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First! Thoughts! on! Jeb!

It’s increasingly clear that the most lasting echo of the Reagan administration is the Bushes.

Three Bushes

Richard Allen among others have written that the first choice of Ronald Reagan, Gerard Ford, had overplayed his hand. After demand for cabinet appointments and talk of a “co-presidency,” including publicly to Walter Cronkite, Reagan averred and picked someone from the Nixon-Ford camp instead. Bush had finished a distant second in the primaries of course, and was a natural possibility but the need could have just as easily been filled by among others former Treasury Secretary William Simon or Howard Baker.

Ed Rollins wrote in 1996 about his confrontations with the then-Vice President Bush in his self-serving but unflinching memoir Bare Knuckles and Back Rooms. They first confronted each other when the latter, Reagan’s 1984 manager, was running the National Republican Campaign Committee. Rollins later urged candidates to distance themselves from Bush after the latter infamously broke his “no new taxes” pledge of the 1988 convention.

Rollins felt Bush was an arbitrary, lucky success, a son of an unremarkable Senator whose rise to the presidency came only from the Reagan choice. It is hard to see how the sons of a 1980 runner-up not chosen for veep who is a former UN Ambassador could so dominate the landscape. (One could speculate on a very plausible alternative history for Bush fils in the political life of Bill Simon, Jr.)

Nevertheless, a Bush has been on the ticket six times of the nine times since 1980. For that matter, from 1952 to 2004 there was only one national ticket (1964) without a Nixon, Dole, or Bush on it. After a two-cycle break from a Bush on the ticket, though very much in the family shadow, should Republicans go back to Jeb, or as the campaign self-styles, Jeb!?

The history of campaigns that need exclamation points is not promising:

But there is much to like about Jeb Bush. He was by all accounts an effective and by most accounts conscientious governor of a large state. Malpractice and education reform, holding the line on spending, etc. The aversion of the far right wing to someone who stood so militantly behind Terry Schiavo must be a head scratcher for him. If the last name were just Ellis, he would be a very viable and appealing candidate. I put a pretty high premium on actually achieving goals in practice not just getting convention planks right – Rudy Giuliani probably deserved a better shot at the GOP nod in 2000 for example.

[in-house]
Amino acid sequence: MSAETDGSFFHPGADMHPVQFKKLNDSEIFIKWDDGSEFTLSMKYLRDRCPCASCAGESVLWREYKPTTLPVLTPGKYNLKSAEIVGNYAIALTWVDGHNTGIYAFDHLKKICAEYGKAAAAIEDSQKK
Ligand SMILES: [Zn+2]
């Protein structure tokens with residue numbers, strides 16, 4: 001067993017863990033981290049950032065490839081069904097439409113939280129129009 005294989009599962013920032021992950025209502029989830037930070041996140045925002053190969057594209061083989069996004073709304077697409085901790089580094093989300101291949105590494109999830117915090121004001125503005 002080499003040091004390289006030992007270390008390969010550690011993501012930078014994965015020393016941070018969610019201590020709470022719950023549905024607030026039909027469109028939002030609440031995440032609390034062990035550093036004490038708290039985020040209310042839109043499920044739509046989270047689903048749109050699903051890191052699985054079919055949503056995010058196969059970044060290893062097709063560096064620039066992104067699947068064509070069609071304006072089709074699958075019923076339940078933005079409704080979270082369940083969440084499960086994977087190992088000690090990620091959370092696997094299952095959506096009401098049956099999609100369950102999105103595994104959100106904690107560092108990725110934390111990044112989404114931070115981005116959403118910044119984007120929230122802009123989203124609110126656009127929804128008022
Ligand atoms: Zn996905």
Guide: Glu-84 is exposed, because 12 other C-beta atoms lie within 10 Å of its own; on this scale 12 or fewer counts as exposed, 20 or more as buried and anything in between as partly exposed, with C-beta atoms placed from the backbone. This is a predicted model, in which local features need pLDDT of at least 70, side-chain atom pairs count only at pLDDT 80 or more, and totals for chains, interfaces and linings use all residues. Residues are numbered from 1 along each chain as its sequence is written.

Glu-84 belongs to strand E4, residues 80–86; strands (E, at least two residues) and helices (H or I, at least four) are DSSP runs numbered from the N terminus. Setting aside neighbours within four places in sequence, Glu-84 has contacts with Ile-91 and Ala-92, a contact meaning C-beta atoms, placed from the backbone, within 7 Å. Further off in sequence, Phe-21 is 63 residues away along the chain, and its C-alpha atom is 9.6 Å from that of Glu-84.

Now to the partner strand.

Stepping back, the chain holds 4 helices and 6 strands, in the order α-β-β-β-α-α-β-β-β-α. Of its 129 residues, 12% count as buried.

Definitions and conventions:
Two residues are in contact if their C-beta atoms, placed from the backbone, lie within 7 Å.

The concern with a legacy candidate is not that they’re entitled to an office, it’s that they don’t really want it. Bush said in the first debate the bar was higher for him, and it is. On balance having one’s ego tempered by the notion there is a family responsibility may be a good thing in a republic. In turn, they shuffle forward out of a sense of obligation. Once in office, that can warp thinking in odd ways, but mostly you get caught in the past. The son tries to finish a job the father started whether that’s re-shaping the Middle East or California transportation infrastructure.

Jeb so far gives off this vibe. Loudly. Shuffling forward towards the presidency despite there being no shortage of perfectly moderate current or ex-governors to fill his shoes? The gaffes to date or malapropisms seem to be universally from a lack of preparation. Can you really not be prepared to answer every possible angle about the Iraq war – something that even if you were only answering for the administration of your father you should be ready for? Or does the advice and fund-raising scaffolding inherited from your brother and father make that impossible? If you are prepared, can do you anything other than embrace the war? According to Politico tonight, Bush will go on the attack, saying that Obama and Clinton lost a war. Maybe this is true. But if the 2016 election is about the situation in Iraq the GOP will lose huge.